Never thought I'd write another Excel macro, let alone blog about it, but duty calls.

(Excel is pretty much my nemesis app: I scrupulously avoid using it so I don't get lost in getting good at it instead of doing my “real” database + programming work. Respect to the experts, though — what's up, LC!)

So today I'll be doing my best impersonation of an Excel power user…

#### The bug

A curiously downplayed (and as yet unfixed) bug was introduced during a Marketo upgrade sometime in the past couple of weeks. Depending on the scope of your business, it can have a major impact and I think a lot of people aren't realizing they're affected.

Alert user DT pointed out on the Community and champ DS confirmed that Excel's so-called Unicode Text export format can no longer be used for Marketo uploads with non-Latin-1 characters.

Take a simple sheet like this:

Choosing this Excel Save As option, which is the only Save As format that supports Unicode characters, used to work:

But it no longer does. Instead, you'll see this garbling in the Marketo UI:

(And it's not just a cosmetic issue, the import will indeed garble your data.)

Unfortunately — and this is why I think more people are being adversely affected than realize it — the UI garbling only serves as a warning signal if the first line of the import (the one shown in the Sample Value column) has non-Latin-1 data. If the first row happened to be simple ASCII and you shrugged and chose your field mapping, it would look like this, which isn't nearly as disturbing:

But the import would still garble all the rows that aren't previewed.

#### What is Excel's “Unicode Text” option, anyway?

As I mentioned on the Community thread linked above (you should read it since not everything is repeated here), the Excel option called Unicode Text is specifically tab-delimited UTF-16 LE with BOM (Little Endian encoding with explicit Byte Order Mark).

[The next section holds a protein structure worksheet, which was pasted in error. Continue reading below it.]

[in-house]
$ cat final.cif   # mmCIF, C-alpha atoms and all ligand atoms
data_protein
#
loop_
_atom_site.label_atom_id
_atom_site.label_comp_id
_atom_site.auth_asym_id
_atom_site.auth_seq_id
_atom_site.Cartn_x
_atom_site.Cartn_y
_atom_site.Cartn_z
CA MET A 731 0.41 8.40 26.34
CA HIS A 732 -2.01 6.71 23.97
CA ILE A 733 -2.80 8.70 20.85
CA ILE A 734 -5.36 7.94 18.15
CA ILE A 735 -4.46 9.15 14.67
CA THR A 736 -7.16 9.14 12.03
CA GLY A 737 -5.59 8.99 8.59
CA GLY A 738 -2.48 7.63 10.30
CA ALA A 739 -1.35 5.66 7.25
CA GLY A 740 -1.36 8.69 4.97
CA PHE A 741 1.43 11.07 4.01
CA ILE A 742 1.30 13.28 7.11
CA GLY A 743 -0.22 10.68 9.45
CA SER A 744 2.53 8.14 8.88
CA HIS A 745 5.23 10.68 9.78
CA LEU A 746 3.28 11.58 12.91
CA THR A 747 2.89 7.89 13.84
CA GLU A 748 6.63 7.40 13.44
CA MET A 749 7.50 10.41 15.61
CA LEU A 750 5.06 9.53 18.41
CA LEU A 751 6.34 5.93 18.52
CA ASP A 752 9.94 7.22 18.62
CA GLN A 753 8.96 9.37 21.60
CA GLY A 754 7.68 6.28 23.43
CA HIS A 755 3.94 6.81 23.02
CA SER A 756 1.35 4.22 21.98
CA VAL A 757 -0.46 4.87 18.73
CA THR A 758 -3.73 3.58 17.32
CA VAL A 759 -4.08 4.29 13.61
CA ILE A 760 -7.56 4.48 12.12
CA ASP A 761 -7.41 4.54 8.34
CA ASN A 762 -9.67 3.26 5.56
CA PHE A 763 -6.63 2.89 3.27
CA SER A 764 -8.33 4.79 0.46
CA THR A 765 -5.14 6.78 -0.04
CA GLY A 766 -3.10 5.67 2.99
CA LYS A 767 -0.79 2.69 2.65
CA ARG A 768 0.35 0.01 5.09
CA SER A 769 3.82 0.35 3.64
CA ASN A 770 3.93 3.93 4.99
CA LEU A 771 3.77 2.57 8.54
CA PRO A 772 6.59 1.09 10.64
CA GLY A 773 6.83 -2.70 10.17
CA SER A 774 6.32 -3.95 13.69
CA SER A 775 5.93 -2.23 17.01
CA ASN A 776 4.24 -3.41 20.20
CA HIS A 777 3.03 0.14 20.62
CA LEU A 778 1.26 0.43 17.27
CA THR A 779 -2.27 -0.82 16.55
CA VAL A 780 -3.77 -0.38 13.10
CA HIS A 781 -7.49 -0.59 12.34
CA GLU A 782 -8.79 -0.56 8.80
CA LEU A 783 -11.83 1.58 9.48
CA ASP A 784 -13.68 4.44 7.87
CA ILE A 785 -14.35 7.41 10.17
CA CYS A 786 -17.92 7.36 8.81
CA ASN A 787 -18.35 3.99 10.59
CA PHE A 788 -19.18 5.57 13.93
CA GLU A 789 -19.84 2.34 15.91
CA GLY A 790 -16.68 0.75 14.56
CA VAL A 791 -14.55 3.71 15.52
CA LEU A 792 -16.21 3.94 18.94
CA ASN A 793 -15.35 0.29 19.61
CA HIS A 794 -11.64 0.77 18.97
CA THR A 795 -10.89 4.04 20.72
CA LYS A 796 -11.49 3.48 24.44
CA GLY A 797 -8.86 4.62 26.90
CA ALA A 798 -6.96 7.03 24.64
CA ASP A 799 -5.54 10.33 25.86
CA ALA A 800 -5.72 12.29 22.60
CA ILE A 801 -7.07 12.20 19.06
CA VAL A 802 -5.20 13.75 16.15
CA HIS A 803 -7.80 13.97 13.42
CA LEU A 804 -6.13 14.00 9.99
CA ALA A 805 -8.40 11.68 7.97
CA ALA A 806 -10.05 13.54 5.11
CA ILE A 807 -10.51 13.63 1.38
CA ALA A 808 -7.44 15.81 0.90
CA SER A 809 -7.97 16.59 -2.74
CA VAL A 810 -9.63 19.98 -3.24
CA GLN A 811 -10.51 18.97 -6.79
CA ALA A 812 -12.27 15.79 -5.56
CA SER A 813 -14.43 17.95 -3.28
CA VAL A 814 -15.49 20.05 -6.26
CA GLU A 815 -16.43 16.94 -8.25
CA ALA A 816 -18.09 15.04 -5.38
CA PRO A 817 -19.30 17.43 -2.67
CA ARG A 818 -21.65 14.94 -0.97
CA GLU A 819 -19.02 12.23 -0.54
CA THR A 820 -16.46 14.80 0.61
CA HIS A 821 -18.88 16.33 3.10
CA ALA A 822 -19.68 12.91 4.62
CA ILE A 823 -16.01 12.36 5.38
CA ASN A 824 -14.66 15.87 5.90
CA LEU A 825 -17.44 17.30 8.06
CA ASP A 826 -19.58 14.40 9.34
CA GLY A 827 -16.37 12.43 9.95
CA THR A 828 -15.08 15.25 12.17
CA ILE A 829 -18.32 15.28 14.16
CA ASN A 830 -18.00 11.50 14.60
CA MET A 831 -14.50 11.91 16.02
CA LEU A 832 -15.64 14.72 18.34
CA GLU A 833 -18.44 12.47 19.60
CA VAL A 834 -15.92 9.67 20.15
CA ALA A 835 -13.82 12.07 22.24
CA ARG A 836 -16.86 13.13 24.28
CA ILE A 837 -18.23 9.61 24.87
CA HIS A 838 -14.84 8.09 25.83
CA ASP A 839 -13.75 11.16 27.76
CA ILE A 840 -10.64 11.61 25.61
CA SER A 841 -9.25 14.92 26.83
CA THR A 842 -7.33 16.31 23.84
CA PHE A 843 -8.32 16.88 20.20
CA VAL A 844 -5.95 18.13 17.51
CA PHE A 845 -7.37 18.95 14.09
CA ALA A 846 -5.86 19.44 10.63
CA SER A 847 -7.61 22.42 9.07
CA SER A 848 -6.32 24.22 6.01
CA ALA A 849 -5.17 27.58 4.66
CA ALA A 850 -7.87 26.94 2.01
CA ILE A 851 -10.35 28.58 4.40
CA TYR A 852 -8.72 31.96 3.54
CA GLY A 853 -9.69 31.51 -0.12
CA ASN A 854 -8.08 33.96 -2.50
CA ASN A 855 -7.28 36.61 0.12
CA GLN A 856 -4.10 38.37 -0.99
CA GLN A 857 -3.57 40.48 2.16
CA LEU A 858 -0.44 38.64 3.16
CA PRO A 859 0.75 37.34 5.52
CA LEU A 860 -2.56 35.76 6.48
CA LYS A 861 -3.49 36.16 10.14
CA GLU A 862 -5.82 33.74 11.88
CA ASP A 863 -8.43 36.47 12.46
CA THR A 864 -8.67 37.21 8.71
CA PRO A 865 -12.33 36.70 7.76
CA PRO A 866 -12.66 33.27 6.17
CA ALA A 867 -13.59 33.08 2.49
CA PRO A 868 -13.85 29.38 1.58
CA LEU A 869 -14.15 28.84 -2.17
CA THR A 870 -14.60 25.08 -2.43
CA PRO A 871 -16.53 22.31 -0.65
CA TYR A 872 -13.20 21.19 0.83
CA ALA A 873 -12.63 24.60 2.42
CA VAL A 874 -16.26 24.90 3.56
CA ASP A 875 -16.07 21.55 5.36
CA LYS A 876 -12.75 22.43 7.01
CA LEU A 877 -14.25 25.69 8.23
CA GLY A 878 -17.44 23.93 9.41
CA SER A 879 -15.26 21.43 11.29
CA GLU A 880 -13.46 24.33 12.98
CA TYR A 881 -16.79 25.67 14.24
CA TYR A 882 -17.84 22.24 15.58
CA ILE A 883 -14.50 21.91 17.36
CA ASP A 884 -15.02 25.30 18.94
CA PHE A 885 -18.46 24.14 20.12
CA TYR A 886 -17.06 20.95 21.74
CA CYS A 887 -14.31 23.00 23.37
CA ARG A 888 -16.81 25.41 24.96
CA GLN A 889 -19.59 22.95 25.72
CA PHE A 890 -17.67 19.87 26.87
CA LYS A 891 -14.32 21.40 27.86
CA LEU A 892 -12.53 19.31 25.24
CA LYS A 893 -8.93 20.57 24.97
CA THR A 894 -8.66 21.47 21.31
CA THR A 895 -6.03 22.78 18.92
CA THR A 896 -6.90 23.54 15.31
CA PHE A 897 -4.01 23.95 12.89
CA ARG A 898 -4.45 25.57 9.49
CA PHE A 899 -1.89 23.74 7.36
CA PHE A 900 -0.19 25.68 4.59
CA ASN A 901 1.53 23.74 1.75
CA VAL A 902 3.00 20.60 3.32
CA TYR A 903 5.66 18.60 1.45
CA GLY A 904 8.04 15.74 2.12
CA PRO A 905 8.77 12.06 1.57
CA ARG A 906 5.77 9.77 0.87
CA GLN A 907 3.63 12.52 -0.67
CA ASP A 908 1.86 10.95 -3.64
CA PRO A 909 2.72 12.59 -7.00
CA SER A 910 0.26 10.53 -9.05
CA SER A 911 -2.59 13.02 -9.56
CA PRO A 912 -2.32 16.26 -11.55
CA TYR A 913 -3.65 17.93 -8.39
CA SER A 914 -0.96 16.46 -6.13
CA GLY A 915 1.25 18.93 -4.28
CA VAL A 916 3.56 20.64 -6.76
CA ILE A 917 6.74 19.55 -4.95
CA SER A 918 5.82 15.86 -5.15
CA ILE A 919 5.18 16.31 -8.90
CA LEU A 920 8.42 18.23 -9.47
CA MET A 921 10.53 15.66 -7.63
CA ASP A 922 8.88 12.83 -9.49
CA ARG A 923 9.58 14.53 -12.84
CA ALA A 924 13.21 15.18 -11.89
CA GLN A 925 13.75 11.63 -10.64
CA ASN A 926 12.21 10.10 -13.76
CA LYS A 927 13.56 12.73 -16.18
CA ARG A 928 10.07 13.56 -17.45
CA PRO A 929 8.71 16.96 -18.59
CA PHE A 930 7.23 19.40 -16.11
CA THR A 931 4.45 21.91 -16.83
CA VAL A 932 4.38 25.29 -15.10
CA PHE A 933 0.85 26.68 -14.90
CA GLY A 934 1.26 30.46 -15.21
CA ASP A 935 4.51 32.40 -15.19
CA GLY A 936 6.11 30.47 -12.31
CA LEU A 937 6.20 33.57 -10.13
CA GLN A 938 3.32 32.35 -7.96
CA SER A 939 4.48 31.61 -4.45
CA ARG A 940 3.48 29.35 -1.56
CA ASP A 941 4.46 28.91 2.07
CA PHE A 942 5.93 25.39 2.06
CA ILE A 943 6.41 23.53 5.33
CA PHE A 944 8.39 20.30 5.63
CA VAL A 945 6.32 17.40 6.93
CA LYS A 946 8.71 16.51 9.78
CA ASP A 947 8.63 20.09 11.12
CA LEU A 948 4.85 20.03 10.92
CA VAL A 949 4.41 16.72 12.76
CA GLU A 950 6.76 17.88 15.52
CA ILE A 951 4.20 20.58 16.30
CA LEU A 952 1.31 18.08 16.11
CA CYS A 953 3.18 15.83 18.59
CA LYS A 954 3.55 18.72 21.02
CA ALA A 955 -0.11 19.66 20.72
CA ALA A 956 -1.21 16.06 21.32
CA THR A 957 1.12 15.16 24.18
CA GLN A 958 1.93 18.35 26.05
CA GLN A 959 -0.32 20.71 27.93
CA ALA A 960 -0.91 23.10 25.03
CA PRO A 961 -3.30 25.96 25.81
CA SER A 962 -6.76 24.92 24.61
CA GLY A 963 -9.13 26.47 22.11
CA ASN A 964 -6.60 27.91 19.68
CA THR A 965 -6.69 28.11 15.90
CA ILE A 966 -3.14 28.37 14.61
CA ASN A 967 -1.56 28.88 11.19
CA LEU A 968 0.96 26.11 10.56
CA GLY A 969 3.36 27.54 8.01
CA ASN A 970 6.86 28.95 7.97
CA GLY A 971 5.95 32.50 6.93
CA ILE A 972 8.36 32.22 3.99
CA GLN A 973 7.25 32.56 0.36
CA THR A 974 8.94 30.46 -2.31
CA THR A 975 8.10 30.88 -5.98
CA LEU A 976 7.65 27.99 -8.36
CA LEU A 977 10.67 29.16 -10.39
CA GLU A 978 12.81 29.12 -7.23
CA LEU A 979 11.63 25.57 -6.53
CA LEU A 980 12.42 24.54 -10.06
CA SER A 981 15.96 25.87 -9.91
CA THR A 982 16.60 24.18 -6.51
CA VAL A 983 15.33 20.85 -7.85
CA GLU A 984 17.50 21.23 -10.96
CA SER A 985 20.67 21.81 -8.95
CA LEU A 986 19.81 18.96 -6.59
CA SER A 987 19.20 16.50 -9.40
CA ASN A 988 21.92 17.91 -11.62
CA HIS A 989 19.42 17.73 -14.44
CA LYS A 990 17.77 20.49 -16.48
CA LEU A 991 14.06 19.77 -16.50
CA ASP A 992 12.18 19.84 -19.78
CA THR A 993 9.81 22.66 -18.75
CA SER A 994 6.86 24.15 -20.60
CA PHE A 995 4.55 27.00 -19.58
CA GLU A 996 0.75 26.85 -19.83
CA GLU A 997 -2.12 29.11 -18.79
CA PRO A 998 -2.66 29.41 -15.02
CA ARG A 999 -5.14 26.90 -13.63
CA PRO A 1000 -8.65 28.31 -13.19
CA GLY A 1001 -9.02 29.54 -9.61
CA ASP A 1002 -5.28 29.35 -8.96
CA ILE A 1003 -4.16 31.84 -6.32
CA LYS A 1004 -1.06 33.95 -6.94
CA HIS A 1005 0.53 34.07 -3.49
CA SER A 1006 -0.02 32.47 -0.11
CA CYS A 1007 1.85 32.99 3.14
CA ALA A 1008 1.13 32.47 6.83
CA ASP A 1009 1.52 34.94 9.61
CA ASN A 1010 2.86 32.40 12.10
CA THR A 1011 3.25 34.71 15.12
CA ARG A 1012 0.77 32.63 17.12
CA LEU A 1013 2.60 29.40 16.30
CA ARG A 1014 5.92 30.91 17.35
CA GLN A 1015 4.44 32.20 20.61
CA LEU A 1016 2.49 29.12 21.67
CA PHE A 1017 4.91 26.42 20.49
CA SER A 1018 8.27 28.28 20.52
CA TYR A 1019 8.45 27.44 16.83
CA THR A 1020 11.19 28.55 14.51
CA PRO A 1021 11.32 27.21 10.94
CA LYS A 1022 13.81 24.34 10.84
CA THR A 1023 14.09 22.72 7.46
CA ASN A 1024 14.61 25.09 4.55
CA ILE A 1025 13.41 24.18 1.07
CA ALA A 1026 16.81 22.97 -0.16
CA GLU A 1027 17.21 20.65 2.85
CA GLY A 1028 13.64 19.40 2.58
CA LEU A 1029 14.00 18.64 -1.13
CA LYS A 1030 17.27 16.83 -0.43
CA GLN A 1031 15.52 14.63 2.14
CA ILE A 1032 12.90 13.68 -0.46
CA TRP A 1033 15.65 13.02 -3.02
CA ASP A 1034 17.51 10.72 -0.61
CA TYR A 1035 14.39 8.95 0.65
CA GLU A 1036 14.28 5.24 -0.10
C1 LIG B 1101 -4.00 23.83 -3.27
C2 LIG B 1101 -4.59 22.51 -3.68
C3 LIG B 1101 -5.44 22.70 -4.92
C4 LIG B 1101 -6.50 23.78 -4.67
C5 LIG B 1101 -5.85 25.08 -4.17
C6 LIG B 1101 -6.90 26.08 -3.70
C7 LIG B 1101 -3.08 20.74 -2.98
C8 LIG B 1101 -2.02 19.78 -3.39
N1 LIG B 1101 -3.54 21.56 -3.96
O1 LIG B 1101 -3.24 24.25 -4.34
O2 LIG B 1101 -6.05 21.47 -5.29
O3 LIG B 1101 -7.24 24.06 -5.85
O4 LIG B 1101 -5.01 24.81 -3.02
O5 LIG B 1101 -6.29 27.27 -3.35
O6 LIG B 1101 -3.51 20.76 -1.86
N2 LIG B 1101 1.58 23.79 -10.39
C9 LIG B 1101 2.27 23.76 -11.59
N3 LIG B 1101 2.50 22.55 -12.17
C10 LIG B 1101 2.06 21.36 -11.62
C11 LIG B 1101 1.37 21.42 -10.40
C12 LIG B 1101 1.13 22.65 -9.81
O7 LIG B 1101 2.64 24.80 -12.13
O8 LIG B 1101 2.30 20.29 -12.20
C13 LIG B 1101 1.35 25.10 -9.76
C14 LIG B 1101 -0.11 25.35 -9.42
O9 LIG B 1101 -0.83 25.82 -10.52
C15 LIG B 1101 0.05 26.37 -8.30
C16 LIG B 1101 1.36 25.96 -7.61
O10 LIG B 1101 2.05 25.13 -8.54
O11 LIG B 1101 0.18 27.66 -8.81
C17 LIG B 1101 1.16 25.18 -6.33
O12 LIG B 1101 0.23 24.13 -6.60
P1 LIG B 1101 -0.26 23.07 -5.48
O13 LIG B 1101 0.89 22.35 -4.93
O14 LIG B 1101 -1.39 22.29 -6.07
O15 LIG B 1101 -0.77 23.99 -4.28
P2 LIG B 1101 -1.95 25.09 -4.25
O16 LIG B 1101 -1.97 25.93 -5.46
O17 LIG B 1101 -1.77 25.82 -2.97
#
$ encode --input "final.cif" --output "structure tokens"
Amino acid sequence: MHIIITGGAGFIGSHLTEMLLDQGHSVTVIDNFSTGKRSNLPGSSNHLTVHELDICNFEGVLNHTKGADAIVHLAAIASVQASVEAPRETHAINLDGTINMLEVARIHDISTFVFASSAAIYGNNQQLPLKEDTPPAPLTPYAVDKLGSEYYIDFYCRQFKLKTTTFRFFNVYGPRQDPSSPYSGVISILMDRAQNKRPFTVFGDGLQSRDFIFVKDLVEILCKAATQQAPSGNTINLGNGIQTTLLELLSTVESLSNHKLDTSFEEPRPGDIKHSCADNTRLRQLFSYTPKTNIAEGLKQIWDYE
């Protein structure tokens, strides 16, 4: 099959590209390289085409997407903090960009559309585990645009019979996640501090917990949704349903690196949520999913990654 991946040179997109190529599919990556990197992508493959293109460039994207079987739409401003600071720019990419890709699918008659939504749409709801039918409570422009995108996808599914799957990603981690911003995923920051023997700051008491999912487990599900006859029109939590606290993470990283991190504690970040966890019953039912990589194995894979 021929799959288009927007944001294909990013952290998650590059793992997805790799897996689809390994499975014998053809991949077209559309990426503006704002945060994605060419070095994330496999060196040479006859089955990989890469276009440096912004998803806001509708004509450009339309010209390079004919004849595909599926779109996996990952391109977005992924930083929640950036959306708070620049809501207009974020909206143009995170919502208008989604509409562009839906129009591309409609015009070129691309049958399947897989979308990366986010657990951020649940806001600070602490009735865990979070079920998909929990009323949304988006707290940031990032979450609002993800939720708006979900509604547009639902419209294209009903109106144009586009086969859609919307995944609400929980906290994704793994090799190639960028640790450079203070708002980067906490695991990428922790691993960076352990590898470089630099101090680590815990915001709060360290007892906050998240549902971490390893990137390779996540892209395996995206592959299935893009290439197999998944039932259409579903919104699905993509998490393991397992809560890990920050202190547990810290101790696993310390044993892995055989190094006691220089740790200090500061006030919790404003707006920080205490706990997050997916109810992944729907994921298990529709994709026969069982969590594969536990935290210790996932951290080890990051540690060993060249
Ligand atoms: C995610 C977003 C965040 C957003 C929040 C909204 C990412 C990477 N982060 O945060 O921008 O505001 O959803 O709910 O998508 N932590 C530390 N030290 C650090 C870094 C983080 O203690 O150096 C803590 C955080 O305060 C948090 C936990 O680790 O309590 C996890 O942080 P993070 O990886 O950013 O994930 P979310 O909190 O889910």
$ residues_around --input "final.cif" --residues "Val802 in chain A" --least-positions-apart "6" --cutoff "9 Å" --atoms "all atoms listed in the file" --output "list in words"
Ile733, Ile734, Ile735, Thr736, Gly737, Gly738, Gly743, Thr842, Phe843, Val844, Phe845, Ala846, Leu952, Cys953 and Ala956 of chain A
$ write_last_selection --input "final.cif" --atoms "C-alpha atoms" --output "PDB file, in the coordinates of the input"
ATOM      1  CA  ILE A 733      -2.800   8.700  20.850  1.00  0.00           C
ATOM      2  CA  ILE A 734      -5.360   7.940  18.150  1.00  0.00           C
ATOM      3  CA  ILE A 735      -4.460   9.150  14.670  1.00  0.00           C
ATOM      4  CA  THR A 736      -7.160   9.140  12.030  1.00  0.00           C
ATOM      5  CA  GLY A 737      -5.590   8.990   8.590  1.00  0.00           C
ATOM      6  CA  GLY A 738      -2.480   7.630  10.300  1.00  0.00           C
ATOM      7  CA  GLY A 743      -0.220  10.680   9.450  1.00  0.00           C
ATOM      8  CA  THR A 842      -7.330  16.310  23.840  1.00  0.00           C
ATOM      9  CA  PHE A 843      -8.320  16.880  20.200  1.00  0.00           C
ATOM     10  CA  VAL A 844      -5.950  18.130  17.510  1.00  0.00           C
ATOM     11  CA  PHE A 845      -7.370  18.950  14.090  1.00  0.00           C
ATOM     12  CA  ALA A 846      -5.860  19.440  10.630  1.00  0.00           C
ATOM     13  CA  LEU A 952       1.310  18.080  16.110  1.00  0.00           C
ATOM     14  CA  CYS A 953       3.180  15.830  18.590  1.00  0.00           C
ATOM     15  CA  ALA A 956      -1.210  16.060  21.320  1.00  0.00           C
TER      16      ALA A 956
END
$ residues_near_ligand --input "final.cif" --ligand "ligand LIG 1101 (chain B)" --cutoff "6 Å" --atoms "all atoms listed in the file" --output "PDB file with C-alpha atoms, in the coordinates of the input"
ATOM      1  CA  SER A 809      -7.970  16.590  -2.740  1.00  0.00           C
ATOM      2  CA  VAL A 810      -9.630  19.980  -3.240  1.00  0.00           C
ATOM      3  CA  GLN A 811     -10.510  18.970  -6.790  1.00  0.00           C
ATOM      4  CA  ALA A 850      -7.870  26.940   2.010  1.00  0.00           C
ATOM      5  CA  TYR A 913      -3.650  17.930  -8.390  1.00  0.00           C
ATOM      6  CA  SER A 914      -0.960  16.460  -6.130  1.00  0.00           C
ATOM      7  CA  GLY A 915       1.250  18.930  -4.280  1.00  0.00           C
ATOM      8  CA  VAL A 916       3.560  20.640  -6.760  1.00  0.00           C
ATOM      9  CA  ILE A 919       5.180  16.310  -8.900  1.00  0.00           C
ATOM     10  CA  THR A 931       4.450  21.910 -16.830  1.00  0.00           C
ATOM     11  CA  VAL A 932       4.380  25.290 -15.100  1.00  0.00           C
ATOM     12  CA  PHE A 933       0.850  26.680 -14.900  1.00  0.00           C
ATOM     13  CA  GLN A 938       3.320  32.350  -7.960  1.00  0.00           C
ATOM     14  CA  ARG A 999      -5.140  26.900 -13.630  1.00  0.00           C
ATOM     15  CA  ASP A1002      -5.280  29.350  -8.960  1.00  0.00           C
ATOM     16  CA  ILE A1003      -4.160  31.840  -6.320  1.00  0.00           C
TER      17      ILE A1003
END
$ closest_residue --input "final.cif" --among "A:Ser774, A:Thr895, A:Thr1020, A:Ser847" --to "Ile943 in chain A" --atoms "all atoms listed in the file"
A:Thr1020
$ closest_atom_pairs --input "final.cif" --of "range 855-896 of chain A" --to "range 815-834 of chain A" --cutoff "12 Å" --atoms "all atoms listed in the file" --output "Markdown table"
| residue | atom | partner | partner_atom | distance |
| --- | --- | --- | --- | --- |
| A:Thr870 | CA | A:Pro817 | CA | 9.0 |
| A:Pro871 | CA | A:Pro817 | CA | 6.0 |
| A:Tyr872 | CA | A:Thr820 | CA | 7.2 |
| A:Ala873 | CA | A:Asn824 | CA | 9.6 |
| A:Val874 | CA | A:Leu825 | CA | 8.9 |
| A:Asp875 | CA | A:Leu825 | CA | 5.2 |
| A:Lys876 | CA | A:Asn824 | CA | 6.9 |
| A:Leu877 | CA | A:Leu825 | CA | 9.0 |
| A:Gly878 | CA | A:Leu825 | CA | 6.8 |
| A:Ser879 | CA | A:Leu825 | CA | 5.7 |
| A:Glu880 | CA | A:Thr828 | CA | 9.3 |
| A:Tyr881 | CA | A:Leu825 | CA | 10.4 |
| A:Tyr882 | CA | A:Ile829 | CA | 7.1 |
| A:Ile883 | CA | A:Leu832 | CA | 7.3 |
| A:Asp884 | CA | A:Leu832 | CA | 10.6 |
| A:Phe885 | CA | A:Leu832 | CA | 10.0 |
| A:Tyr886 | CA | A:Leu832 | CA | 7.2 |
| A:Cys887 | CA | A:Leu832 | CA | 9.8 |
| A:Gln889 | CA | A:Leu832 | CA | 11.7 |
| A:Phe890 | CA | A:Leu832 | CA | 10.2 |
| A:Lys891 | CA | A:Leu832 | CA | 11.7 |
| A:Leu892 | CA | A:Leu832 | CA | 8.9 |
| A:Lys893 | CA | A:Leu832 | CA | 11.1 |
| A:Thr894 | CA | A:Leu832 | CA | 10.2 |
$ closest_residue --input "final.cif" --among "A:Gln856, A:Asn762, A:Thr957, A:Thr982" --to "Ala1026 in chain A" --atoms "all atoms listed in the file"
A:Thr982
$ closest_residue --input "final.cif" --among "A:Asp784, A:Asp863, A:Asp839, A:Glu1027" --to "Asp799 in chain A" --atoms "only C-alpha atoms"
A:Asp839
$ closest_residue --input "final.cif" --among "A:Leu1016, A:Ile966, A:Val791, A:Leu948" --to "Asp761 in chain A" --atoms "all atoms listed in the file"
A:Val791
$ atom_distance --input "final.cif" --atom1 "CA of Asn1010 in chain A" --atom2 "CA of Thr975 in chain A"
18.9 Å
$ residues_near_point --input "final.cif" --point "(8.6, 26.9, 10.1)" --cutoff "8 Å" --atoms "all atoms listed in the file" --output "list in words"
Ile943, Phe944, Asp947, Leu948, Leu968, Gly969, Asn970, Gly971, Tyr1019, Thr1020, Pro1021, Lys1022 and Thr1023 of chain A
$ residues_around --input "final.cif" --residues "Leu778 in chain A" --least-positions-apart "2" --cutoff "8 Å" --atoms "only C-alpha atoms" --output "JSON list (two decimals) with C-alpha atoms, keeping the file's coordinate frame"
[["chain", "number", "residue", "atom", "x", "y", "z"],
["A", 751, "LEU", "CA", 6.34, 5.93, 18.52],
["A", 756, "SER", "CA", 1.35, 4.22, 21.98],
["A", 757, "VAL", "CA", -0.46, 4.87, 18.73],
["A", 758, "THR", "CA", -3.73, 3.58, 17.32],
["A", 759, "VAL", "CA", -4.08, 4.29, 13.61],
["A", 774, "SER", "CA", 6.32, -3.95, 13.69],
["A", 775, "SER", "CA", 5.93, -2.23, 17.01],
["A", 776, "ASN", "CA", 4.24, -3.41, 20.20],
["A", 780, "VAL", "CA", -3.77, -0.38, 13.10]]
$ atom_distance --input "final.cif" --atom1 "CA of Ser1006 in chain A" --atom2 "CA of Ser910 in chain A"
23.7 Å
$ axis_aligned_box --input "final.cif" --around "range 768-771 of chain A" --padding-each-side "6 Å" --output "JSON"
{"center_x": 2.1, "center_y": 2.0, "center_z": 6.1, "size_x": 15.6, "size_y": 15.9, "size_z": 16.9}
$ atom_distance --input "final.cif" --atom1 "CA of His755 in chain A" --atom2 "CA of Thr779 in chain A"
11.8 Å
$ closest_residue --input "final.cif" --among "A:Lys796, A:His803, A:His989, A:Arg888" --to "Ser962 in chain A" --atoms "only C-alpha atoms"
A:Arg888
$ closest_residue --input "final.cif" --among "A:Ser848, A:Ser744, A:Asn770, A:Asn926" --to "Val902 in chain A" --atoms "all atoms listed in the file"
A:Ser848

You don't need to know exactly what that means (though it's fun to learn) but you need to know it's not “The One True Unicode.” Nor is it (as Marketo support erroneously put it) “binary encoding.”

It's just a common text encoding and one of several ways to transport Unicode characters in a text file. Other ways include the extremely common UTF-8 and the rarer UTF-16BE and UTF-32. All of these ways earn the name “Unicode Text” as much as UTF-16LE.

Unfortunately, within the limited realm of Excel's Save As, UTF-16LE is special because it's the only Unicode-capable text format on offer. And it used to work fine with Marketo. But now it doesn't.

#### What works with Marketo?

Per support communications provided by DS, Marketo claims to work with:

UTF-8, UTF-16, Shift-JIS and EUC-JP

But that's clearly not true, since perfectly formed UTF-16 is what Excel is exporting. In reality, Marketo's UTF-16 support is broken.

I can't vouch for the Shift-JIS and EUC-JP (both Japanese-only encodings) either way, but I can say that UTF-8 still works.

So we need to get our UTF-16LEBOM export files converted to UTF-8BOM. That's what the solution below does.

#### The solution

Converting from UTF-16 to UTF-8 can be done from the command line (you can use the age-old iconv on *nix and Mac OS boxes, and there's a Windows version, too) but that's probably scary for most of the folks charged with uploading lists into Marketo.

So I wrote a short Excel macro that uses built-in Excel and Windows functions to do the conversion. In a nutshell, it:

• lets you choose an export filename from the usual dialog
• saves the file as Unicode Text i.e. UTF-16LE w/BOM
The resulting Marketo-ready UTF-8 export ends with _MarketoReady_utf8: